By Heather Mullinix
A project to provide sidewalks for students walking to Martin Elementary Schools could move forward, with the matter to be placed on the Crossville City Council’s agenda for March.
“It’s a great project, but we don’t know the costs,” City Manager Bruce Wyatt told the council in a work session Thursday. “Some good, clear direction on how to proceed would be good. We need to have a good, large figure; a worst case scenario, you’re willing to spend and feel comfortable we can get it done.”
The city received a $250,000 grant through the federal Safe Routes to School program in 2010 to construct sidewalks on the two streets. The grant is administered by the Tennessee Department of Transportation and a portion, $25,000, is retained for education purposes.
A survey conducted as part of the grant application found less than 10 percent of students at Martin Elementary walked or biked to school. The narrowness of the roadways, steep slopes adjacent to the roads and absence of sidewalks made walking and biking hazardous for students.
The proposed project would construct a sidewalk down one side of each street, with the construction costs paid by the grant. The city, however, is responsible for any utility relocations, acquiring right of way for the sidewalks and any surveys necessary. The proposal calls for the Myrtle Ave. sidewalk to be constructed on the north side of the street, extending to Brookside Dr. On Fourth St., the sidewalk would extend to Roberts Dr., if enough funding is available.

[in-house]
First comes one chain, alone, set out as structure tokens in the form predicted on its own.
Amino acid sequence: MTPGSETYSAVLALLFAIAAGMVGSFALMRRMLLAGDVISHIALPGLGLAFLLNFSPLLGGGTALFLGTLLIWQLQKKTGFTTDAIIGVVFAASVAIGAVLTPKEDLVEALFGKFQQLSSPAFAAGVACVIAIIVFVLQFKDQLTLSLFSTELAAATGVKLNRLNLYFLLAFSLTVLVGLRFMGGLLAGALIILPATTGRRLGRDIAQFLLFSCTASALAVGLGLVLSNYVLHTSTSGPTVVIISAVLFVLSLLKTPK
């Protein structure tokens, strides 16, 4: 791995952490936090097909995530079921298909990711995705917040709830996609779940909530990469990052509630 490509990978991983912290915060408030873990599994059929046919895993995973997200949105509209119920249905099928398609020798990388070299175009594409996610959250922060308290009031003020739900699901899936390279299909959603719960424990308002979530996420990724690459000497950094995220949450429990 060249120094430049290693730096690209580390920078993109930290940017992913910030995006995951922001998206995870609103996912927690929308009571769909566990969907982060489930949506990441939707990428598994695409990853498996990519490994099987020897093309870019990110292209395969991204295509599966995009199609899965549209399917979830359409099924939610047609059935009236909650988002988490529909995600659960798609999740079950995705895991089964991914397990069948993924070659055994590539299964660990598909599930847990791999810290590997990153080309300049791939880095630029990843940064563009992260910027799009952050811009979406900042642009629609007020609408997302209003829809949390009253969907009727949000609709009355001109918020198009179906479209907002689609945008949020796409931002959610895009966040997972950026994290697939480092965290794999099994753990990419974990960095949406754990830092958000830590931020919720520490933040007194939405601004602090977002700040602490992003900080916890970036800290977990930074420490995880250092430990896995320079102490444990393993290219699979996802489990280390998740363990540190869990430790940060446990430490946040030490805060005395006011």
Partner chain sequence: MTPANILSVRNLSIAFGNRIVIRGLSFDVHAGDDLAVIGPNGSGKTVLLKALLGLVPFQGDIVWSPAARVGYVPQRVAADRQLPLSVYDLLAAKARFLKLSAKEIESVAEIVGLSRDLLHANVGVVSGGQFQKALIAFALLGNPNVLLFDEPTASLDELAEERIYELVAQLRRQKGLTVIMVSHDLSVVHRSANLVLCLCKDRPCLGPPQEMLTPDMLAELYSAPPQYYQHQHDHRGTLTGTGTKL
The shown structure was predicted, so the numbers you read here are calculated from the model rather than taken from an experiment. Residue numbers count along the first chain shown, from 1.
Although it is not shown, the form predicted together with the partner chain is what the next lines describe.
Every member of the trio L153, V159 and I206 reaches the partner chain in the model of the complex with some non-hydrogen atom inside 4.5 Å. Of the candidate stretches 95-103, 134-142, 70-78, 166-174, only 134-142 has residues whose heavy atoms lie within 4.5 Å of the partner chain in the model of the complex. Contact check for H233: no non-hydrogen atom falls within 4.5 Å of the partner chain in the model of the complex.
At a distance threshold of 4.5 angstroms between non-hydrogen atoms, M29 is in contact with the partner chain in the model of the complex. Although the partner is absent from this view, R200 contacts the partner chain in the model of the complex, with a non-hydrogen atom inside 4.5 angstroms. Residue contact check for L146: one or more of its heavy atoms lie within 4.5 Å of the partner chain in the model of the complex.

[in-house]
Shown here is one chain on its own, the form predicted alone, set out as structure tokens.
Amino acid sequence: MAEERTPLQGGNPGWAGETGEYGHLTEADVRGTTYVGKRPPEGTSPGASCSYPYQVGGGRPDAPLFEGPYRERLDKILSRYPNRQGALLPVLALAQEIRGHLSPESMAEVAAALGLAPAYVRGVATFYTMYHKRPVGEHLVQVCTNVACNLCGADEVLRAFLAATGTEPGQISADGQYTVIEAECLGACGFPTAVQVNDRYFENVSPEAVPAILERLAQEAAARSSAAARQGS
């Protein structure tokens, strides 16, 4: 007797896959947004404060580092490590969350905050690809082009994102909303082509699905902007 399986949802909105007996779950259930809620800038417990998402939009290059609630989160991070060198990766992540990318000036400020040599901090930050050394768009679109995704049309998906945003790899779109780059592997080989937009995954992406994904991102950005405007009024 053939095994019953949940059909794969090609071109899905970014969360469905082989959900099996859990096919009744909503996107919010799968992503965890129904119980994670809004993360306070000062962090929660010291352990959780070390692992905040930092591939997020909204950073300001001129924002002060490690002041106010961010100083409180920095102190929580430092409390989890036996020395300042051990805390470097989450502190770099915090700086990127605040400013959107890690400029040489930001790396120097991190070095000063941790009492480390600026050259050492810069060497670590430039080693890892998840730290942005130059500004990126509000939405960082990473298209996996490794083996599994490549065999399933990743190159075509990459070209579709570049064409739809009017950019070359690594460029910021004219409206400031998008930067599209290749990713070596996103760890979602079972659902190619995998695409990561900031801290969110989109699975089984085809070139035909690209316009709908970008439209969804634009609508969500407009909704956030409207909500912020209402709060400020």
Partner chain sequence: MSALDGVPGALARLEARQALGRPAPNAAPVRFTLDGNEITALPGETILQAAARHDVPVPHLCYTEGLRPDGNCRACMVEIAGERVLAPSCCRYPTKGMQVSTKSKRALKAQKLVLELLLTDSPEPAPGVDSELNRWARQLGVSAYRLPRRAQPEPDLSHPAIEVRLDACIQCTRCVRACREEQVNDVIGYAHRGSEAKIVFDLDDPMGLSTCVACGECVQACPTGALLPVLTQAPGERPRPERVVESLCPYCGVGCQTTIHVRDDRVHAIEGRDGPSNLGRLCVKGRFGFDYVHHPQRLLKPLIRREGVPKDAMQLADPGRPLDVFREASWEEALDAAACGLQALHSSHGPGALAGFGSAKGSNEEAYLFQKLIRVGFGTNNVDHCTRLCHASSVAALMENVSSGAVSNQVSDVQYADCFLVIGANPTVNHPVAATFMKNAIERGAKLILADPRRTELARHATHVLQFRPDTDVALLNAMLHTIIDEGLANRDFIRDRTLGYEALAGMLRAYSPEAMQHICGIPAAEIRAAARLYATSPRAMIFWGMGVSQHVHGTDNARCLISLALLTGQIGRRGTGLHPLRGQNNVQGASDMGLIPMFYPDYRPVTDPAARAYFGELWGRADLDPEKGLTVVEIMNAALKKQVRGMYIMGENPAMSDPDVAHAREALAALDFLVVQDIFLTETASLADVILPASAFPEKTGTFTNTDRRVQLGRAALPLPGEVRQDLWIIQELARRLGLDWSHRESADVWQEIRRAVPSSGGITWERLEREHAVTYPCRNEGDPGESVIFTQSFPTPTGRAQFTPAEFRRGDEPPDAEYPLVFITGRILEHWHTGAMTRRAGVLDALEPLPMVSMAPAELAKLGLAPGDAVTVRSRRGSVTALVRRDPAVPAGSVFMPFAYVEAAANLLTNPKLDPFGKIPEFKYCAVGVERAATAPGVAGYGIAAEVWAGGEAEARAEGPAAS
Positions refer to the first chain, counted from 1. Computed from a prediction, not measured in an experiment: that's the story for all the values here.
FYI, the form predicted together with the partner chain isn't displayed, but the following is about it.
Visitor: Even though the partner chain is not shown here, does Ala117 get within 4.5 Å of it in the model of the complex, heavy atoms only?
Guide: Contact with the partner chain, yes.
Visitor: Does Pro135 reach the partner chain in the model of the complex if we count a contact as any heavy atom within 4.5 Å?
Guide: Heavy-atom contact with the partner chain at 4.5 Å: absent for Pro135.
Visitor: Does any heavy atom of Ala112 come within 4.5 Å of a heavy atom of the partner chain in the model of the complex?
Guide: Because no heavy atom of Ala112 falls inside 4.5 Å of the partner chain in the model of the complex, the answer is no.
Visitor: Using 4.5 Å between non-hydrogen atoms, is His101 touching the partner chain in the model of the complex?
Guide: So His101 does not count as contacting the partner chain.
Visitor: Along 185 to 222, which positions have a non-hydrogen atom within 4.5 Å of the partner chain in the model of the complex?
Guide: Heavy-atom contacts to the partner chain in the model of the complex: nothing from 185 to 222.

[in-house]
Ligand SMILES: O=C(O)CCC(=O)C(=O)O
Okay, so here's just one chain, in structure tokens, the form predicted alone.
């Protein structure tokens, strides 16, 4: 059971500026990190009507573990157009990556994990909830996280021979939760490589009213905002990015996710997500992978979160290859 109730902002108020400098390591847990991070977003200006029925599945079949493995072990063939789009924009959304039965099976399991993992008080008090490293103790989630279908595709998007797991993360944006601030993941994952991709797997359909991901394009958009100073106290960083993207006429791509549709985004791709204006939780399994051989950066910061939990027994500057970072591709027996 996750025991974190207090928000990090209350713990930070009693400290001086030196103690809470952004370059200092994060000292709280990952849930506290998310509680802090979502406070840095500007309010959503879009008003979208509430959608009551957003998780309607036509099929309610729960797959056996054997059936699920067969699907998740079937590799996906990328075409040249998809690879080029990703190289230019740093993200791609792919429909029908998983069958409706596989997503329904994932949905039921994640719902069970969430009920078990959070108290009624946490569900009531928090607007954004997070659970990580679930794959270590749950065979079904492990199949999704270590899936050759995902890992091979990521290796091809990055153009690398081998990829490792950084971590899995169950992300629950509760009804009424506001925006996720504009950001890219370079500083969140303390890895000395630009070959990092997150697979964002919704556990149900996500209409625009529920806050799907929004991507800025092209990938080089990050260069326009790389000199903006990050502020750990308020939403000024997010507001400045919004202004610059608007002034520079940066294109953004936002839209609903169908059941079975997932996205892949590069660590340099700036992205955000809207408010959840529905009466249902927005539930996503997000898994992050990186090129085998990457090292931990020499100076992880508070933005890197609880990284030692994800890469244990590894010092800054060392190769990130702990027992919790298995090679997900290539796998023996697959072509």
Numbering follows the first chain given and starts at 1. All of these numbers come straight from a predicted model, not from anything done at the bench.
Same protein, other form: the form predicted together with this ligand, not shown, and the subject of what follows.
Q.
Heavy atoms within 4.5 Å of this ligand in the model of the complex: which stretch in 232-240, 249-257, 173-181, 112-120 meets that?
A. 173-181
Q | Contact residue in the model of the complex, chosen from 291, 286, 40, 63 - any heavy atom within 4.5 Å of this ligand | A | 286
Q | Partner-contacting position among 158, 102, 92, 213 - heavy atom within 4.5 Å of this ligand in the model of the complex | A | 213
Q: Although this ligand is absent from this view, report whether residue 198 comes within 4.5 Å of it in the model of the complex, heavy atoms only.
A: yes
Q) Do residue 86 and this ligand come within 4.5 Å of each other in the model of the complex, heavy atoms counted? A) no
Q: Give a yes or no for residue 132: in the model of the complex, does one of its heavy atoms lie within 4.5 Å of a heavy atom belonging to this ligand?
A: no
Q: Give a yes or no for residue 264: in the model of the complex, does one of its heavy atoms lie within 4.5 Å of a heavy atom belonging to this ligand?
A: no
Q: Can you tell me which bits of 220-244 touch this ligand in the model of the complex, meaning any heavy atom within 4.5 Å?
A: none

“There’s more project than there is money,” said Tim Begley, city engineer. “It’s been our opinion we would do all of Myrtle and then shorten up Fourth St. if it was not in budget.”
Myrtle Ave. presents challenges with a narrow road and obstacles, including utility poles, fences and mailboxes. Begley said base cost for land acquisition at about $22,000 on Myrtle Ave. and $33,000 on Fourth St., not including any possible damages such as replacement of fences. Volunteer Energy Cooperative will move any of its utility poles located in the right of way, but those on private property would be moved for a fee, with a total projected cost of $14,000.
“Typically we have 50 feet of right of way from the center of the road. We don’t have that on Myrtle or Fourth St.,” Begley said.
With curb, gutters, a grass section and five-foot sidewalk, the city will need about eight feet of right of way for the project.
Many on the council wondered if property owners would consider donating the right of way to the city for the project, noting a sidewalk can be an enhancement to their property values.
Begley said he agreed, but it was likely some property owners may not agree to donate property or agree with the proposed price per square foot.
The council discussed moving the proposed project from the north side of Fourth St. to the south side, allowing it to tie into an existing sidewalk at the intersection of Myrtle Ave. and Fourth St. That would increase engineering costs and survey costs and could result in higher estimates for right of way acquisition.
Barry Fields, of Fields Engineering, who designed the project, said, “In my opinion, there would be less disruption if that was on the opposite side of the road. It would make the intersection more safe, too. I’m amazed at the amount of traffic on those streets.”
Councilman Pete Souza said, “The first step is to meet with all the owners and help them understand the project and what we’re doing.”
Councilman Jesse Kerley said he felt a public meeting with the owners along the two streets needed to take place before the council discussed the matter further in meetings. Mayor J.H. Graham III suggested calling a public hearing on the project at 4:30 p.m. March 12 prior to the regularly scheduled council meeting. The council will address the matter further during the meeting, including consideration of a change to the contract with Field to move the Fourth St. sidewalk to the south side of the street.